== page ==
MIAMI — The U.S. District Court for the Southern District of Florida has dismissed a class action brought against Royal Caribbean claiming the company should have canceled a cruise before a natural disaster.
Plaintiff Nikki McIntosh's claims against Royal Caribbean were dismissed without prejudice by Judge James Lawrence King, according to the Feb. 7 opinion.
The complaint stemmed from a Royal Caribbean cruise scheduled to leave in August 2017 from the Port of Galveston in Houston; the cruise was canceled the day Hurricane Harvey was set to make landfall. McIntosh argued the cruise line should have canceled the cruise sooner, saving her and thousands of others travel time in dangerous weather, according to background information in the opinion.
However, Royal Caribbean argued based on the ticket contract and McIntosh having no actual injuries, she has no case.
“Plaintiff herself does not allege that she sustained any injuries, what they were, how she was injured, or that she even travelled to the Houston area herself like the class of people she hopes to represent,” Judge Lawrence wrote in the opinion.
Lawrence cites Bell Atl. Corp. v. Twombly and Ashcroft v. Iqbal to detail the survival the motion to dismiss.
“A complaint must include enough facts to state a claim to relief that is plausible on its face," and “A claim has facial plausibility when the plaintiff pleads factual content that allows the court to draw the reasonable inference that the defendant is liable for the misconduct alleged,” Lawrence wrote in the opinion.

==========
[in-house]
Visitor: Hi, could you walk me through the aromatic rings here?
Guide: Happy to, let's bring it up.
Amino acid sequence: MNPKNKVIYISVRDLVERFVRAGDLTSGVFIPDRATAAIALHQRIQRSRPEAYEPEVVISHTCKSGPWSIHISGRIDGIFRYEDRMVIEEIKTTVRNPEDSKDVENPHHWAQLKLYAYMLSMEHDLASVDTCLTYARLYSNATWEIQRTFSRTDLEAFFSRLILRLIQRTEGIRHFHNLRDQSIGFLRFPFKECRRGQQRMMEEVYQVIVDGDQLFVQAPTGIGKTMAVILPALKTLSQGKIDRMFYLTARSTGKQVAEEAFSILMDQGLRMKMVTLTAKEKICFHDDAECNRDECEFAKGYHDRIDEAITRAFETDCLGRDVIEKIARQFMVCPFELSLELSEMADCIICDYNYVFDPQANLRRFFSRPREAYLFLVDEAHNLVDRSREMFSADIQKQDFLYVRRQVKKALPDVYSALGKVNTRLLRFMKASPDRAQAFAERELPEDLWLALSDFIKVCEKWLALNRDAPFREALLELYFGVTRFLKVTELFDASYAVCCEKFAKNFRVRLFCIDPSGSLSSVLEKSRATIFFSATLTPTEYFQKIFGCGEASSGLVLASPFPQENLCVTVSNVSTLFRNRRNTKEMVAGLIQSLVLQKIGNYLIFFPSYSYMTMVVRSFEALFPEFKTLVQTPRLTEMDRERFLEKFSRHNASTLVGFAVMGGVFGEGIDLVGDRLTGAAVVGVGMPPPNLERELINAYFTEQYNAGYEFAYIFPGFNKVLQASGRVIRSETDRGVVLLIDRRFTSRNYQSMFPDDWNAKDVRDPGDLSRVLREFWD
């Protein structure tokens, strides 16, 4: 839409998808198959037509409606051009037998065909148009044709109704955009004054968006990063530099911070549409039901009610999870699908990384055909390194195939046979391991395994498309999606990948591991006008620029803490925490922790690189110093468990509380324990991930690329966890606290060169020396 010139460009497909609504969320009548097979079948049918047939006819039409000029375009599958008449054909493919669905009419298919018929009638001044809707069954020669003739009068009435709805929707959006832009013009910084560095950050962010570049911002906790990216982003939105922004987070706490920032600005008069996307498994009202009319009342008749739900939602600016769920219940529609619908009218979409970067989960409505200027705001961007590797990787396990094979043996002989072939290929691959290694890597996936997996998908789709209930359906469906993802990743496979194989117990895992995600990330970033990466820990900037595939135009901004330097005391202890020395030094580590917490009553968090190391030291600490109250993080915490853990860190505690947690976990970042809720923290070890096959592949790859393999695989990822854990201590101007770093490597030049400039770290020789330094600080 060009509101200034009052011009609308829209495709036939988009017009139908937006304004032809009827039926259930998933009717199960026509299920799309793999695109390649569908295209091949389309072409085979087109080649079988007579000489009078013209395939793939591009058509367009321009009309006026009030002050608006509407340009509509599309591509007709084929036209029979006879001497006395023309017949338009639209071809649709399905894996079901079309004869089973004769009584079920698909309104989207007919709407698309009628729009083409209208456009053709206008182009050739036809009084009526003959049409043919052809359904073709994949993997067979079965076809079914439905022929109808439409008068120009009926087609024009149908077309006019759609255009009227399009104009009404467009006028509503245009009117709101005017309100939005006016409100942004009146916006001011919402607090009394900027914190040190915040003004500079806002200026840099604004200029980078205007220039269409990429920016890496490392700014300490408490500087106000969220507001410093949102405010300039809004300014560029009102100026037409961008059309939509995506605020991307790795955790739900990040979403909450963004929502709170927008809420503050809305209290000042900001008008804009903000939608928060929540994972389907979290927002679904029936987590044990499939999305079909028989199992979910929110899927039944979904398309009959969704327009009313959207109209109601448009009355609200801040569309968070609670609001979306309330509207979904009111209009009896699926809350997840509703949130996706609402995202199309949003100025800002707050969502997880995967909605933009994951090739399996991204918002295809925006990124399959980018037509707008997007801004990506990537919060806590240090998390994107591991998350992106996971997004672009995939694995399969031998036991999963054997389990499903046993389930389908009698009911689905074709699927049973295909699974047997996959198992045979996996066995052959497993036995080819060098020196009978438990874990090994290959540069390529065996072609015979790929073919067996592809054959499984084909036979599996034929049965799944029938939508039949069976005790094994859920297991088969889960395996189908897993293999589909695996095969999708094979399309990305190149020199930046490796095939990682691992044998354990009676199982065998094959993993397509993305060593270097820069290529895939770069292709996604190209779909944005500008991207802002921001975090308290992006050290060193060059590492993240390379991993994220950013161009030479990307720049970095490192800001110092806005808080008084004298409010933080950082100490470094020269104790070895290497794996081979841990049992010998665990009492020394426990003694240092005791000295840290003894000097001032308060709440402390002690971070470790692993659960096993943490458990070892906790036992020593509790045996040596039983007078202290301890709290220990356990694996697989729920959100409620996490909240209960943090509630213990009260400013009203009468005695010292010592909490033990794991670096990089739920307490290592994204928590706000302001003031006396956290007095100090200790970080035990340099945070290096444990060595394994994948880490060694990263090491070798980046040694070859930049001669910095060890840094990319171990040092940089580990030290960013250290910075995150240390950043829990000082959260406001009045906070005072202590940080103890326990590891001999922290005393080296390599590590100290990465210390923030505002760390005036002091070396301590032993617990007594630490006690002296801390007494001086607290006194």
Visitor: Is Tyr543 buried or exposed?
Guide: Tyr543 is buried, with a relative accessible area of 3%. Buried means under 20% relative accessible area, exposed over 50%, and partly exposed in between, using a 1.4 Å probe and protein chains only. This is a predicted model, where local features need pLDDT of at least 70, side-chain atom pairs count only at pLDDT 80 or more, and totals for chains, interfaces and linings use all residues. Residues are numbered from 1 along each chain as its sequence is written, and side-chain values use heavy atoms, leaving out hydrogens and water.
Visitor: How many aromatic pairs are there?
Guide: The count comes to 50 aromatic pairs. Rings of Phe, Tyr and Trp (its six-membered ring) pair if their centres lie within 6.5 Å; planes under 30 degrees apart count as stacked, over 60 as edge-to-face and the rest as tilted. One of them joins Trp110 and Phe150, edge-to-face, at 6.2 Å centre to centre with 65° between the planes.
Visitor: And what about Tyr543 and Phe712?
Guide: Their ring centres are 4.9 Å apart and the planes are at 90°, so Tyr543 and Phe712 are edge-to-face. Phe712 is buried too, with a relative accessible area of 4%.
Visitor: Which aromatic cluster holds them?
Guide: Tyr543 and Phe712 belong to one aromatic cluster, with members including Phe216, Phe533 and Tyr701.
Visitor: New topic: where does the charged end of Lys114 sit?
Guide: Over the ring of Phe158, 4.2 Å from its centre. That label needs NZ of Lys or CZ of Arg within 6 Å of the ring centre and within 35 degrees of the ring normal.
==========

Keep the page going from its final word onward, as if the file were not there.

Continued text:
In the case discussion, Judge Lawrence cited two precedent cruise line cases -- Keefe v. Bahama Cruise Lines (1989) and Sorrels v. NCL 2015 -- specifically addressing McIntosh’s alleged emotional distress.
“To state a negligence claim, Plaintiff must allege that Defendant had a duty of care, Defendant breached that duty, that such breach was the actual and proximate cause of Plaintiff’s injury, and that Plaintiff suffered damages,” Judge Lawrence wrote in the opinion. “Further, ‘a plaintiff alleging (intentional infliction of emotional distress) faces an extremely high burden’ in the form of allegations of conduct so outrageous ‘as to go beyond of bounds of decency, and to be regarded as odious and utterly intolerable in a civilized community.’”
Lawrence said “fatal” to McIntosh’s complaint is that she herself has no evidence to prove harm.
“While she recites a laundry list of harms allegedly suffered by the class she hopes to represent, she fails to allege any specific harms that befell her as a result of Defendant's various alleged failures and negligent acts,” Lawrence wrote in the opinion.
“Finally, Plaintiff's intentional infliction of emotional distress claim is due to be dismissed with prejudice,” Lawrence wrote. "As noted, in order to maintain such a claim, a plaintiff must allege conduct on the part of Defendant so outrageous as to go beyond all bounds of decency, and to be regarded as odious and utterly intolerable in a civilized community.”
Lawrence also wrote that McIntosh's argument “fails to allege conduct sufficiently outrageous to meet the requirements of Florida law for such a claim, and must be dismissed.”